I'd really like to get the process passed as official, put it on our wiki
page, and encourage people to report UX bugs.
Since none of you replied to the original message, please give input
before next Saturday 17:00 UTC. If nobody has any problems with it by then,
I'll just pass it off as official.
(It will, of course, still be modifiable afterwards, but not as easily.)
On Wed, Sep 11, 2013 at 7:02 PM, Mirek M. <firstname.lastname@example.org> wrote:
I'd like there to be a clear step-by-step guide on how to report UX bugs.
Unfortunately, I don't really know how to report these bugs myself, so
I'd like to work with all of you to devise a clear process.
Fabiana Simoes lays out the ground rules in her "How to not report your
UX bug" GUADEC talk . Her presentation talks about how UX bugs should
center on a problem rather than on a proposed solution. To give a real-life
example, the summary of a UX bug should be "Non-printing Characters are Not
Set Apart from Text" rather than "Give non-printing characters a color
different from the text", as the former describes the problem,
encourages discussion around the best solution, and makes the reasoning
behind the picked solution clear, whereas the latter proposes a solution
right away without questioning if it is the best solution.
As a start, I'd propose these guidelines:
1) In the Summary/Subject field, describe the problem, not the solution.
Rather than saying "X should be Y", say "I can't figure out how to X" or "I
expected X, but Y happened".
*The pieces of information that Fabiana says a user should provide 
are basically covered by the Bug submission assistant , but should be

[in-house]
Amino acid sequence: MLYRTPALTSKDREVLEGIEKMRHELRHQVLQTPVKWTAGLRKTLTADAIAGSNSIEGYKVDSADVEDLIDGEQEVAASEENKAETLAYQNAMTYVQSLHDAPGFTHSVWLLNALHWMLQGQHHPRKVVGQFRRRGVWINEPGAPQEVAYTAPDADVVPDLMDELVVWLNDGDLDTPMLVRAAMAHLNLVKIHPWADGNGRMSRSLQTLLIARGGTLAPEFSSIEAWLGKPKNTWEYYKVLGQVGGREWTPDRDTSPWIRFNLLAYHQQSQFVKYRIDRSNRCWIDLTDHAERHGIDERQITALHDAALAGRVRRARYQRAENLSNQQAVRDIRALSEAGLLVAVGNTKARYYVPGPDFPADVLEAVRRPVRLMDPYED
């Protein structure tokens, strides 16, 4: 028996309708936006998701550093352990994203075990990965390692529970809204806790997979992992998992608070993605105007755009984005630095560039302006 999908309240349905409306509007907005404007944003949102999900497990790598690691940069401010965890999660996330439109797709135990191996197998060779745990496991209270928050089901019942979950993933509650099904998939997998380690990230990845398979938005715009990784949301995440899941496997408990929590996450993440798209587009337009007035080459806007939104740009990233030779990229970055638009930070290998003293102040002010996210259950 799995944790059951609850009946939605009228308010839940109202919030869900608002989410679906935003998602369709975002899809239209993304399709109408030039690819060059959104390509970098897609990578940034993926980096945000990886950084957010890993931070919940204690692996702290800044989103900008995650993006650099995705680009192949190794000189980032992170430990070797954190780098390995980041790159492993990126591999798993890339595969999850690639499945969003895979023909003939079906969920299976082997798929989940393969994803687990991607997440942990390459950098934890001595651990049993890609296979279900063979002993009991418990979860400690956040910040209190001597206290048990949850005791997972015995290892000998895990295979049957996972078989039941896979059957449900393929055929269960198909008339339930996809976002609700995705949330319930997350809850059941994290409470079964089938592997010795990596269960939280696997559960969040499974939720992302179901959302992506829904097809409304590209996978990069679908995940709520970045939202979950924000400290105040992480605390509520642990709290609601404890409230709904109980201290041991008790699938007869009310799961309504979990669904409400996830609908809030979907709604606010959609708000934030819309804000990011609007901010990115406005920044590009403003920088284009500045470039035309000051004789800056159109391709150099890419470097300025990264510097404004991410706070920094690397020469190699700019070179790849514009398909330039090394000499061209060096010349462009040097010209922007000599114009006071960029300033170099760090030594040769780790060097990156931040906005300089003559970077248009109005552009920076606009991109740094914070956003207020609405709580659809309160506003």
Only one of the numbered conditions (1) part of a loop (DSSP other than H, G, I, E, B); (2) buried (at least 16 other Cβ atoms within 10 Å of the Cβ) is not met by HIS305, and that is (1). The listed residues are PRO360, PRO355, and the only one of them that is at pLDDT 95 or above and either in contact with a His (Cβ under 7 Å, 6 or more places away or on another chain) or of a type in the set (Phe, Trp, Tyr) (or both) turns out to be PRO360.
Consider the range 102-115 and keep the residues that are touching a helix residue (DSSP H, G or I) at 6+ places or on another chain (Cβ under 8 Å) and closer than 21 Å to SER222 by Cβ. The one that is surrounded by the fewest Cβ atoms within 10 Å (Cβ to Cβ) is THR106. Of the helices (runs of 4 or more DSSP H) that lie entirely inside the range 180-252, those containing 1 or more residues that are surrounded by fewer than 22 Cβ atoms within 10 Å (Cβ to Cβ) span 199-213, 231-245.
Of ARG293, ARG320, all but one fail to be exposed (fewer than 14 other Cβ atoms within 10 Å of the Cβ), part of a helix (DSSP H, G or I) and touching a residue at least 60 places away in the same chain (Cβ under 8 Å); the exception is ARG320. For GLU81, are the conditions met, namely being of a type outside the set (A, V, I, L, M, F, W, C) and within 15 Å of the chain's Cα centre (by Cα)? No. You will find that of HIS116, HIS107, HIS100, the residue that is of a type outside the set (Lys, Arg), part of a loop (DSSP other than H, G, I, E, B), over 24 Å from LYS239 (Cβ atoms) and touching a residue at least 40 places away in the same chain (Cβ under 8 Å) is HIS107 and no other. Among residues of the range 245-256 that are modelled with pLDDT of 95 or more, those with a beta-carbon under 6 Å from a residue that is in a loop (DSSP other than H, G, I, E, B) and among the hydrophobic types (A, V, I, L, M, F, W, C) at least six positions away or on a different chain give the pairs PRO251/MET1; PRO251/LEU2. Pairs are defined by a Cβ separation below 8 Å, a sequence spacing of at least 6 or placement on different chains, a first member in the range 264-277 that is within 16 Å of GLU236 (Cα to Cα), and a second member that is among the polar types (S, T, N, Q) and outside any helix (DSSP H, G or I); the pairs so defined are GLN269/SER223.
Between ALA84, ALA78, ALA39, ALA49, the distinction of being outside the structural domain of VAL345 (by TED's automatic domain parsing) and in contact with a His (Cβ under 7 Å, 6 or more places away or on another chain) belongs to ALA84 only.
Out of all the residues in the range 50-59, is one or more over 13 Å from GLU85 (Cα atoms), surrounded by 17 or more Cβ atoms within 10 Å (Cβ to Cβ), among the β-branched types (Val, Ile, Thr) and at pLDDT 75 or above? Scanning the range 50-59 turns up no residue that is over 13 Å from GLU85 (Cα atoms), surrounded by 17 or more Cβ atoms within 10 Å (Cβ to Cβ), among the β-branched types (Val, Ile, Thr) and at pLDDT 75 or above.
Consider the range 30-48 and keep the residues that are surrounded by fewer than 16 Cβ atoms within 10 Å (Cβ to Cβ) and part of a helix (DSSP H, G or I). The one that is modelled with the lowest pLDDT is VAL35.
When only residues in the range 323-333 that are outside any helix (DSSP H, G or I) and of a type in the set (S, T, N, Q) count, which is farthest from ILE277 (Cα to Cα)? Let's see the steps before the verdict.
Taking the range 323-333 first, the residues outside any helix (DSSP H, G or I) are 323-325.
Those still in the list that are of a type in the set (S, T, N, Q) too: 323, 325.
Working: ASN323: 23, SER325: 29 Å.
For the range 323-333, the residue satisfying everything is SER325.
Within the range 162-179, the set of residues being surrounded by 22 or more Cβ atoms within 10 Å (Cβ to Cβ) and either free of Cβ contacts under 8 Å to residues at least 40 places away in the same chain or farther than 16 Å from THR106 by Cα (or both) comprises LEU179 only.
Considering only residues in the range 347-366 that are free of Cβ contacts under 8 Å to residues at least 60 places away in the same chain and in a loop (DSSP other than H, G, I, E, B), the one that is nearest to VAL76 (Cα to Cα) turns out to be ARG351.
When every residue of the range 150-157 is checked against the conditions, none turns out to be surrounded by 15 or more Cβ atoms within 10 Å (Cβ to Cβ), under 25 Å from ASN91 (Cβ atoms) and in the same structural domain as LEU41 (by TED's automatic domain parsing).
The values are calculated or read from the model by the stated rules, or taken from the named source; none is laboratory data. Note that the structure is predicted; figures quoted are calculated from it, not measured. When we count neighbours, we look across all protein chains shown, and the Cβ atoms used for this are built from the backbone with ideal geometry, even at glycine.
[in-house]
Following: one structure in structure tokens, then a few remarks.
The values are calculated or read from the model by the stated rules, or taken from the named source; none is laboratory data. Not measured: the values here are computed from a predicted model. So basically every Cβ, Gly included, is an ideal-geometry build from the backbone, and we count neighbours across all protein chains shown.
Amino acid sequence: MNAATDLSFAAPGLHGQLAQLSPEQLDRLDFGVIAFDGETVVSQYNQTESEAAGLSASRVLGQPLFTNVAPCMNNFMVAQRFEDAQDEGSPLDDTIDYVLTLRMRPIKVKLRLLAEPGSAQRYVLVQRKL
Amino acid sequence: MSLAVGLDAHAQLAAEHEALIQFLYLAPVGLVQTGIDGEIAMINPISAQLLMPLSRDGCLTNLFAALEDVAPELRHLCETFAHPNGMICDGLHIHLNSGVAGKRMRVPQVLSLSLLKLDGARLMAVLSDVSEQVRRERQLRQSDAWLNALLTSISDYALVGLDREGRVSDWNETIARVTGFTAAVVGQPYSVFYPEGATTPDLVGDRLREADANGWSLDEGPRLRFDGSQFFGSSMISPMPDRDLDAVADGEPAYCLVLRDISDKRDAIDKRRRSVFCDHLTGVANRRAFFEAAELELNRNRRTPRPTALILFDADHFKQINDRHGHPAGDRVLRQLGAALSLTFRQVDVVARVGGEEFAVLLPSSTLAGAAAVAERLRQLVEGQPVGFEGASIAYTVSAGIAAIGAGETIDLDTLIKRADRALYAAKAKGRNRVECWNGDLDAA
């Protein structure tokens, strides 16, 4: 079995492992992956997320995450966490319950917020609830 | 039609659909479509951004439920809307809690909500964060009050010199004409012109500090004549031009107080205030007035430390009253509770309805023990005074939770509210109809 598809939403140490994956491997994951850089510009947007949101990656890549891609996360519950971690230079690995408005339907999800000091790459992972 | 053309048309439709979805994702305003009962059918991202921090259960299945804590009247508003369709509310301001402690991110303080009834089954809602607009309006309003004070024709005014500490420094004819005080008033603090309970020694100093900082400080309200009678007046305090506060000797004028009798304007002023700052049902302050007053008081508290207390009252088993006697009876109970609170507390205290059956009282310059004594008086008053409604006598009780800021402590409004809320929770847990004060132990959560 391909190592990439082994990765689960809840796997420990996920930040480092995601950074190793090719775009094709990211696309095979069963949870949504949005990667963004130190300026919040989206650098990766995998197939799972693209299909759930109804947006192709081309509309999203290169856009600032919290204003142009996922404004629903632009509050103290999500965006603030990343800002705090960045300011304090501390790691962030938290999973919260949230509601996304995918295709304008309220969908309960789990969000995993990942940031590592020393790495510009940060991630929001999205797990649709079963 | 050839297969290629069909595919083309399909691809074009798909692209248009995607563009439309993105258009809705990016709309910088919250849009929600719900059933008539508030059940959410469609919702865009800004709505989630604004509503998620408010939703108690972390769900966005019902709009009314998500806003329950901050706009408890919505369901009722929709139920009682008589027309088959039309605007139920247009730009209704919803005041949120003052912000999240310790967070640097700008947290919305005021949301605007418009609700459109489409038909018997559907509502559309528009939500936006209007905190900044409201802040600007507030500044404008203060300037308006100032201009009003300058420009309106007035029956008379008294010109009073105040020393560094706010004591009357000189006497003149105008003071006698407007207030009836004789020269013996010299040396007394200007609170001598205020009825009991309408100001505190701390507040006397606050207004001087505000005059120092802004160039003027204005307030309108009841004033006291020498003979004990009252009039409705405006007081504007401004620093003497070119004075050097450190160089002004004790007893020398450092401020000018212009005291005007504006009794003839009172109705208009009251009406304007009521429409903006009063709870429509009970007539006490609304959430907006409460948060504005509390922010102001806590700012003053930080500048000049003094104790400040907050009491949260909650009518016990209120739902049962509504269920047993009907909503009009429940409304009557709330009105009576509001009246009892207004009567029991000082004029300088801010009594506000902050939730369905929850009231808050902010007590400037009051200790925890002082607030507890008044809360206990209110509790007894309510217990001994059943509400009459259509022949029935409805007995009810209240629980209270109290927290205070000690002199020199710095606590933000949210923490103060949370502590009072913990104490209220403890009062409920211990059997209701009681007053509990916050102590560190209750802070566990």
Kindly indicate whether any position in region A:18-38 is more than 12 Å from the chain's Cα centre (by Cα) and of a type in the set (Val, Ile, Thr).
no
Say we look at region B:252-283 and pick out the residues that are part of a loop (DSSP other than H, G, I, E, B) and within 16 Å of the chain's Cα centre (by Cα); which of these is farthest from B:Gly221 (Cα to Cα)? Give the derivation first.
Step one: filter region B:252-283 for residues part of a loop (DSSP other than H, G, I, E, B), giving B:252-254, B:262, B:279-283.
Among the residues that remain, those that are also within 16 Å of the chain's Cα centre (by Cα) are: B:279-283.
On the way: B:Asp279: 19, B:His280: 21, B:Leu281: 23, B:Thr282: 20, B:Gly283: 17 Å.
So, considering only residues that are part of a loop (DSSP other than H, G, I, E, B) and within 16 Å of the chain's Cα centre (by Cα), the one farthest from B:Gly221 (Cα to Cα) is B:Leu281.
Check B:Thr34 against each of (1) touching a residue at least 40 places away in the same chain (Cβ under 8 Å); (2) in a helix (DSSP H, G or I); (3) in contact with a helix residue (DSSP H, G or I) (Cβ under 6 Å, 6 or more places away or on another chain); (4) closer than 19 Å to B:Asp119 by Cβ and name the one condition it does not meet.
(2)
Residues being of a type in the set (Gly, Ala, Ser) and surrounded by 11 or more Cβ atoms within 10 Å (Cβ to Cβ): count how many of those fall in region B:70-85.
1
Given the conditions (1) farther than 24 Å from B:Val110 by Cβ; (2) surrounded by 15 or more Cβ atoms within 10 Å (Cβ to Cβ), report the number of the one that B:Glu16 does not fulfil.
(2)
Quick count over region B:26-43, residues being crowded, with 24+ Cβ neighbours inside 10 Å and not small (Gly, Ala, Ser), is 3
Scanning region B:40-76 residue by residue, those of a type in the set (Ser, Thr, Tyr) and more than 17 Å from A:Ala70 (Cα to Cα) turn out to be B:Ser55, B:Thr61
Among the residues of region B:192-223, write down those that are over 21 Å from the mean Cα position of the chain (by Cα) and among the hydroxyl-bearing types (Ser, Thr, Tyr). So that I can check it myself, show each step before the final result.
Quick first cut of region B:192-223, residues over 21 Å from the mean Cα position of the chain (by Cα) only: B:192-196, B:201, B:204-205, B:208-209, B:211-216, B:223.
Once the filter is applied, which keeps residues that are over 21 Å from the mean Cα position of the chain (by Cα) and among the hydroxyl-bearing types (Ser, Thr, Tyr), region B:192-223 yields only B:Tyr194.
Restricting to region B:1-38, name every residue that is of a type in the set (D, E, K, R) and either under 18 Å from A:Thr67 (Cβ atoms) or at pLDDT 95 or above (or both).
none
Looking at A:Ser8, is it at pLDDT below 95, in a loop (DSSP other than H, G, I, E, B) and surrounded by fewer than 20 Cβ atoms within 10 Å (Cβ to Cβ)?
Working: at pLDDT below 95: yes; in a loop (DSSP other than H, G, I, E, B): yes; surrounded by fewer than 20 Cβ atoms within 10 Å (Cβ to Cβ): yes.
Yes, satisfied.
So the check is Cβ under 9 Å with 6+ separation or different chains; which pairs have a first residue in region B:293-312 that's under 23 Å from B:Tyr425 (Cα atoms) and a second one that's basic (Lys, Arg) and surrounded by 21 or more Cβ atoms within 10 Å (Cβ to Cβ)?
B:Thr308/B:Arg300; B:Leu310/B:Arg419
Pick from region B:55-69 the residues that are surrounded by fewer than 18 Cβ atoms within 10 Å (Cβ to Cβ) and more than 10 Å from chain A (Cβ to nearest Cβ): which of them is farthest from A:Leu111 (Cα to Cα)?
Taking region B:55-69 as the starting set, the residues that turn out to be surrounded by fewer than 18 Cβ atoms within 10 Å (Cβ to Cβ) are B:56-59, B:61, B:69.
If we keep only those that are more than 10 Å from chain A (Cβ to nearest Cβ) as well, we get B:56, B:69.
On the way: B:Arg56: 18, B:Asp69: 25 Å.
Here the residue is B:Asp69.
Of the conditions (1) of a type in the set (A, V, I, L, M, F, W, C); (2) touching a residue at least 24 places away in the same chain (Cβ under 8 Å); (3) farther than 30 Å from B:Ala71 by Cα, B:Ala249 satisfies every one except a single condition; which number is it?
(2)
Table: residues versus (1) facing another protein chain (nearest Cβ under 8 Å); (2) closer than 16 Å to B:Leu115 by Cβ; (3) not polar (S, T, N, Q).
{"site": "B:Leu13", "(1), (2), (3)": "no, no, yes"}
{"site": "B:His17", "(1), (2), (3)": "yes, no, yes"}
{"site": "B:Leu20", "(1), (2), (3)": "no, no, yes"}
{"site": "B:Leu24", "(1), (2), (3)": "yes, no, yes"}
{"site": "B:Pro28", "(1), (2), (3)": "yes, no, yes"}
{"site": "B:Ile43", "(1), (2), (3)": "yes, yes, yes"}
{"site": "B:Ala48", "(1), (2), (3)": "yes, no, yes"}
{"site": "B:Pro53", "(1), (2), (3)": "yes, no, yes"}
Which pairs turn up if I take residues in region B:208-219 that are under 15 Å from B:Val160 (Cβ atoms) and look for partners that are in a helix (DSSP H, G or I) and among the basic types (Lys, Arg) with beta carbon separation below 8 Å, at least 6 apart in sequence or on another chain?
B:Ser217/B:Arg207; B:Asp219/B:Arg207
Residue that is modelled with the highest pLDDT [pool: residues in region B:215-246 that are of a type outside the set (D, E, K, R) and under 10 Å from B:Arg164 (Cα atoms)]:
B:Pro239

mentioned in the guidelines nevertheless:
2) In the Description, mention what you were trying to accomplish, how
you tried to accomplish it, what you expected to happen, and what actually
3) In an additional comment, feel free to propose a solution. If your
proposal is long or includes mockups, put it on your user page on the TDF
wiki (https://wiki.documentfoundation.org/User:[your user name]) and
provide a link to it in the comment instead.
In regard to Whiteboards, the design team may decide to make one for a
bug, but I'd rather leave them out of the guidelines, as I don't want to
see a load of whiteboards being created without approval.
The solution should be agreed upon based on discussions in the bug
comments, on the design list, and on our IRC chats (all of which should be
linked to in the bug comments), using our UX principles  and guidelines
 to resolve controversies.
I'd also like to ask: What is the role of the ux-advise mailing list? Is
it a place for devs to ask designers for UX help or a place where designers
and devs can ask each other questions? When should a bug be tagged
"ux-advise"? Is it a component that should be used for all UX/UI bugs, both
confirmed and unconfirmed, until a solution is agreed upon?
P.S. elementary's UX bug process is also worth a look:
* What were you trying to do?
* Why did you want to do it?
* What did you do?
* What happened?
* What were your expectations?
* What are you running?
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